Planned Impact

Rapid point-of-care (POC) diagnostics has a crucial role both in developed and developing countries, due to the increasing strain on the public health system and the lack of resources. Use of on-site POC diagnostics is emerging as a popular choice for non-invasive testing for infections. Rapid identification of pathogens causing such infections is difficult to accomplish, and therefore the current routine practice is initial use of empirical antibiotic treatment which leads to antimicrobial resistance (AMR).

Economic Impact: The UK continues to experience an economic challenge, where large budget cuts due to austerity measures coupled with an ever-increasing demand for better healthcare provision is leading to an unsustainable healthcare scenario. Early-stage testing for bacterial infections and their resistance to antibiotics at the POC, a route proposed via our proposal, will enable crucial savings to the NHS (in terms of equipment, medicine costs and staff) thus shrinking the burden on hospitals via reduced patient trips to A&E units, emergency call outs and hospital admissions that alleviate hospital bed shortages.

Tests developed within the framework of our proposal which enable early-stage testing for infections, such as urinary tract infections which are the most common healthcare associated infections (HCAI) accounting for 17% of all HCAIs, cost approximately £170 million/year in England and constitutes up to 3% of all GP primary care consultations and for those patients needing hospital admissions, extending the average length of hospital stay by 6 days, accounting for an extra 800,000 bed days annually.

Such transformative screening diagnostic tools are being sought after by medical specialists, and this is the motivation of the proposed research, which will therefore translate into huge financial savings for the UK's public health system and its economy.

The methodologies proposed will make possible the large-scale manufacture of such paper-based POCtests, which are affordable and therefore would be widely adopted by the NHS and similar organisations abroad. The UK stands to make substantial gains therefore from the economic benefits that would ensue.

Societal Impact: As stated in the O'Neill report, diagnostic tests (such as those proposed by us) should be an important measure (Intervention no. 5) that must be adopted urgently to reduce the demand for antimicrobials, essentially antibiotics, and thus tackle the problem of AMR. To support this, governments, regulators and other health system leaders should consider incentives to facilitate the uptake and use of rapid POC diagnostics in primary and secondary care because they can also facilitate prompt exchange of invaluable clinical information between healthcare professionals and their patients from the comforts of their homes, which in some cases could be in inaccessible locations. Such remote testing removes the possibility of contracting infections from hospital visits. Since a timely exchange of clinical data could potentially be very useful in early detection and prevention of life-threatening infections, diseases or conditions, the wide societal benefits would not just be in saving lives but also improving the quality of life.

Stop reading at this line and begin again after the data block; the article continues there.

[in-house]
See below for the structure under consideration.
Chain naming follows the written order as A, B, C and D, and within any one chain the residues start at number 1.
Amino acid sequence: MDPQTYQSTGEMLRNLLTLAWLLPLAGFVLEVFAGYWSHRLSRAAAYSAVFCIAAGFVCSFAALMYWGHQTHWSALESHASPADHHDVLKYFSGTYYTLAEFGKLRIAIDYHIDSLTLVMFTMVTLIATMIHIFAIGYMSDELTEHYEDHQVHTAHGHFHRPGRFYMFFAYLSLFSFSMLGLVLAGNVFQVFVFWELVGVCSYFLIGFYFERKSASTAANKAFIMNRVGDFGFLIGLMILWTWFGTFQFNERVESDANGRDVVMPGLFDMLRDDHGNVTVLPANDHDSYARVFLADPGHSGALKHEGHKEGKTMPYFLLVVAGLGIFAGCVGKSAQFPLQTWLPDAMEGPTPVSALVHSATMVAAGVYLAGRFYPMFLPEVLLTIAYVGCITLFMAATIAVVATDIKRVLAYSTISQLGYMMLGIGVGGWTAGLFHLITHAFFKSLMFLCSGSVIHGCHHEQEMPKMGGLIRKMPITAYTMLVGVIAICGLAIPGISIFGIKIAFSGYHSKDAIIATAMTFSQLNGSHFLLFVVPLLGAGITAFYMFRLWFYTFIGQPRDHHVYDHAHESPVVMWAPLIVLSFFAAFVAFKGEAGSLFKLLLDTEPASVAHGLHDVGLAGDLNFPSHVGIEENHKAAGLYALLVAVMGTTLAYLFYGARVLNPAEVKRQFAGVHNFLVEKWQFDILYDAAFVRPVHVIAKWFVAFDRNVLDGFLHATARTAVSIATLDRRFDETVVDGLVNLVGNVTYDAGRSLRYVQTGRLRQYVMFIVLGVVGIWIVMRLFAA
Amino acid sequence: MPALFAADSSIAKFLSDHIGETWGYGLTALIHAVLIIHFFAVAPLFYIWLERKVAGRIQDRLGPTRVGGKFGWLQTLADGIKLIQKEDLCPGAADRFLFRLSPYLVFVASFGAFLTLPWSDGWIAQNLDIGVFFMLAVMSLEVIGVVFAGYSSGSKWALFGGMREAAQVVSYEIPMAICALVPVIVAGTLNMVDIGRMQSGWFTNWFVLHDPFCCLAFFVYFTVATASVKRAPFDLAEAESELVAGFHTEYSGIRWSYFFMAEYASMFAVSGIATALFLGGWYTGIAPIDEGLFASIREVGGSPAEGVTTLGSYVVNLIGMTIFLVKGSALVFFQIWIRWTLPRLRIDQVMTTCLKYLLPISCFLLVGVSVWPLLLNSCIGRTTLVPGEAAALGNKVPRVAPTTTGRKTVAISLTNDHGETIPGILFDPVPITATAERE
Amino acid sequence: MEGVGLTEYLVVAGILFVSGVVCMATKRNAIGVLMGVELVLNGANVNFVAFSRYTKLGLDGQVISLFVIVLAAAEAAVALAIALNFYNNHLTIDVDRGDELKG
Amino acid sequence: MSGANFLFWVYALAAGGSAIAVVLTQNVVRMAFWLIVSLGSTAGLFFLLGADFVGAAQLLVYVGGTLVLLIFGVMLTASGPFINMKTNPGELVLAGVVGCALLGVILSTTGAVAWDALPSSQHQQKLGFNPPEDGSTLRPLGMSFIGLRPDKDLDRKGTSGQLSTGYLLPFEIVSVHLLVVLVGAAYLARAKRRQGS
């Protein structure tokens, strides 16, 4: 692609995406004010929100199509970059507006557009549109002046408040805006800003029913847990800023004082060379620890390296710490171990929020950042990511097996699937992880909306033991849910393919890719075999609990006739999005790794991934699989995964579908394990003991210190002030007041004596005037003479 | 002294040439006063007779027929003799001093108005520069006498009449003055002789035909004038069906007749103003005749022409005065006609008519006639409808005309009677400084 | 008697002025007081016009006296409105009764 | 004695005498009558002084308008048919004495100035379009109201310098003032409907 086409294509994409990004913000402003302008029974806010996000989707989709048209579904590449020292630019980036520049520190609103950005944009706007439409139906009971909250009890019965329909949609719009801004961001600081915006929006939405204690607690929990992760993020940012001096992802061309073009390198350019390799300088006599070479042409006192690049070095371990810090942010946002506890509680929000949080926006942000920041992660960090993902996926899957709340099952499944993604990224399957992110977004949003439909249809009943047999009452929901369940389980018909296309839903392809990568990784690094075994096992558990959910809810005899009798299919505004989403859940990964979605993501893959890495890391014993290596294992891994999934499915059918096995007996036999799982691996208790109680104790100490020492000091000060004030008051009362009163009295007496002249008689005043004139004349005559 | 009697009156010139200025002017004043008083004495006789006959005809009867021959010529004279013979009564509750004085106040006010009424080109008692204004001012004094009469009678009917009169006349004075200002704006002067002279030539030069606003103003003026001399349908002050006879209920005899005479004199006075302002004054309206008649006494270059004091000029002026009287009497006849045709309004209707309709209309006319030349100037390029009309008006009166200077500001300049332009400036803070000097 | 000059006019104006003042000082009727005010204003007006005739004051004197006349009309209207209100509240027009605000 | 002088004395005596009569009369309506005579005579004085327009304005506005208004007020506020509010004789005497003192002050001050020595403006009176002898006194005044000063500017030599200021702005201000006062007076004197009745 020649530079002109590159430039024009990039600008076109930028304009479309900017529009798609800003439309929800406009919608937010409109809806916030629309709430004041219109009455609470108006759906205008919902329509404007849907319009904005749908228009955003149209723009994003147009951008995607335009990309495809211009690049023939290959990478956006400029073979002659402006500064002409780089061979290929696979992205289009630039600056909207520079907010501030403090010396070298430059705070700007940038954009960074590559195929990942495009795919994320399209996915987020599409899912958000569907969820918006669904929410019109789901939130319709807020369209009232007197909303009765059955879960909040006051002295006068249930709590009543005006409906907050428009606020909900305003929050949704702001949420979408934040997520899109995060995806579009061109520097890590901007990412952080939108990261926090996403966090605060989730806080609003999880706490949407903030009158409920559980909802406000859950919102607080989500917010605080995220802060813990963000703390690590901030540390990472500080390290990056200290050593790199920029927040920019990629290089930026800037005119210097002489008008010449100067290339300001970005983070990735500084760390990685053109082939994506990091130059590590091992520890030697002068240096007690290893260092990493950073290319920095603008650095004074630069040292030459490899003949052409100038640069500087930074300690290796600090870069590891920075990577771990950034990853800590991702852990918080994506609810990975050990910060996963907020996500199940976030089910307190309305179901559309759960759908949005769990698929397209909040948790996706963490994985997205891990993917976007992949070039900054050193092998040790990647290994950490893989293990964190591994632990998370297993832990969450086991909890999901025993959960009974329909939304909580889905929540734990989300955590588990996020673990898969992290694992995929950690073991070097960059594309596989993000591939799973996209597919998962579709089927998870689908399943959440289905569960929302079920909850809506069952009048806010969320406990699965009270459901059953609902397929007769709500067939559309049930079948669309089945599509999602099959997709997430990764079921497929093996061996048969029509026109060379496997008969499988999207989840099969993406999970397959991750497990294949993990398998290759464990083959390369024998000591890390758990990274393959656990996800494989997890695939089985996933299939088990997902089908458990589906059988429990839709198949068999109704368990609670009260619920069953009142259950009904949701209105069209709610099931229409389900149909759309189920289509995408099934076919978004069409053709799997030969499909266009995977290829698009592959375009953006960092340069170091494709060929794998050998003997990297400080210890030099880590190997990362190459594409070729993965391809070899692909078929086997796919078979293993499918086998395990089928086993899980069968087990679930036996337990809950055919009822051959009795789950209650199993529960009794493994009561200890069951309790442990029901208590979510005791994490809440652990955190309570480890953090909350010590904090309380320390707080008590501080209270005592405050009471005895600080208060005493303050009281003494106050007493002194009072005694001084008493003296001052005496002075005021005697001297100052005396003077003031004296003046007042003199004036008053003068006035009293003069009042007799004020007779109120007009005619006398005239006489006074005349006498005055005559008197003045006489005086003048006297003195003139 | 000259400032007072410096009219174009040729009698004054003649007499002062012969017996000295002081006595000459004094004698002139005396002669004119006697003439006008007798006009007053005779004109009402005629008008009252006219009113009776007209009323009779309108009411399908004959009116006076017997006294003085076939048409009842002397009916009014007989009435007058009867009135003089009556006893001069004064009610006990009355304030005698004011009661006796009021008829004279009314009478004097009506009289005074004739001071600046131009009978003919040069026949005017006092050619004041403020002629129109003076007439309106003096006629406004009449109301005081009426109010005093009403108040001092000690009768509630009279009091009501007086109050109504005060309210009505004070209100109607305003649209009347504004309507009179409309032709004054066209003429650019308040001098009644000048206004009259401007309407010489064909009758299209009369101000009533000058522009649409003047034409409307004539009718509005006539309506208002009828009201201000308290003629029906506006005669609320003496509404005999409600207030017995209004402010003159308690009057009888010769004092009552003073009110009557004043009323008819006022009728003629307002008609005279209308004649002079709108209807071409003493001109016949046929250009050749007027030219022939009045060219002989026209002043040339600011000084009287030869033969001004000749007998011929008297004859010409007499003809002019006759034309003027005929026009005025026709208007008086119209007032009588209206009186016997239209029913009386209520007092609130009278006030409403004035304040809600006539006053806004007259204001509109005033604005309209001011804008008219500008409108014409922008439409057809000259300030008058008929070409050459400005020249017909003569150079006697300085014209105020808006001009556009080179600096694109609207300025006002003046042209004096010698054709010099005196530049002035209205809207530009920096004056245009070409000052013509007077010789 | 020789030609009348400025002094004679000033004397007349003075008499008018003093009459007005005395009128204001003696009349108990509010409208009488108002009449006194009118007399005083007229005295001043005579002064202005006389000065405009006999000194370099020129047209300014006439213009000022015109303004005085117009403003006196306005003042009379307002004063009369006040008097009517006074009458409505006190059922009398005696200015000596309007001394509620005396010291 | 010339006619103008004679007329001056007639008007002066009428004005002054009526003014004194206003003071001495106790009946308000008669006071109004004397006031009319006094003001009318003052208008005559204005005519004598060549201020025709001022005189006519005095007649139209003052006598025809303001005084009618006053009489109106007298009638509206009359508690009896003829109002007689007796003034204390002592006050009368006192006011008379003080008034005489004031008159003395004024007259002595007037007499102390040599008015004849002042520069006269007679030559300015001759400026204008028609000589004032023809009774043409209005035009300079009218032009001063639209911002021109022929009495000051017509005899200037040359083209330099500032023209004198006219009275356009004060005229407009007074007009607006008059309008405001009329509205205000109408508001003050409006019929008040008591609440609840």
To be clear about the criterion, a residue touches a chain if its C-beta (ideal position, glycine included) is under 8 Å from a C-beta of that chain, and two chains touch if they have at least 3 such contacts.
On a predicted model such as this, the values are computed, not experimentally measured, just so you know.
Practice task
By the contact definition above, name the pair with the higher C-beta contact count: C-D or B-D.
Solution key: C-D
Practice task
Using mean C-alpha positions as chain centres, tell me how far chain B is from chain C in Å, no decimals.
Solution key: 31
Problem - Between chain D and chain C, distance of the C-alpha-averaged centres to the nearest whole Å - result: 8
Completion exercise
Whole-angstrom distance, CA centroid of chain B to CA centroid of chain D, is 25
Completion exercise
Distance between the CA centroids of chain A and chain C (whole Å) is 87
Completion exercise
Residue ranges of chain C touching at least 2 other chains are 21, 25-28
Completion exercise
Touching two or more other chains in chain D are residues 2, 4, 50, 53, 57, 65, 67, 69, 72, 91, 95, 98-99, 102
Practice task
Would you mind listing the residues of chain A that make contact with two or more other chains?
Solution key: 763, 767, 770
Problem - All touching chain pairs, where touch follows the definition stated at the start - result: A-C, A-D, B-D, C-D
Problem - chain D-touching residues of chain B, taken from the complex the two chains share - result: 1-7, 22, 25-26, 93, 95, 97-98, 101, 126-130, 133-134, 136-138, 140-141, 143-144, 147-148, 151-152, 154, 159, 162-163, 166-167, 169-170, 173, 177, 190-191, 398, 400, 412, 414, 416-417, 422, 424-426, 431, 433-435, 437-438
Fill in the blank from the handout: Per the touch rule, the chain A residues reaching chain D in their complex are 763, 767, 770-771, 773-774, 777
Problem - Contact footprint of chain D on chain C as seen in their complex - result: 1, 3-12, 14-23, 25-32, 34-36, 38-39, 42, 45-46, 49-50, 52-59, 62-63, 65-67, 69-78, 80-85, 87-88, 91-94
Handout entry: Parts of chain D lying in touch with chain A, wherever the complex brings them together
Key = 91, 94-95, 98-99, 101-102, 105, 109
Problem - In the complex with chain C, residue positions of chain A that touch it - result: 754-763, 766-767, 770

These rapid, dipstick-like tests, which lead to early detection of bacterial infections and testing for antibiotic-susceptibility, will facilitate prompt, accurate antibiotic prescriptions, potentially transforming treatments of millions of patients and minimising the threat of AMR. The tests are designed to be affordable and easy to use, becoming a routine part of primary and secondary care, outpatient settings and hospital screening for all patients. Furthermore, the applicability of low-cost, disposable paper-based testing developed via this project could also be extended to include testing for screening of food pathogens and environmental toxins, all of which inarguably have massive societal benefits.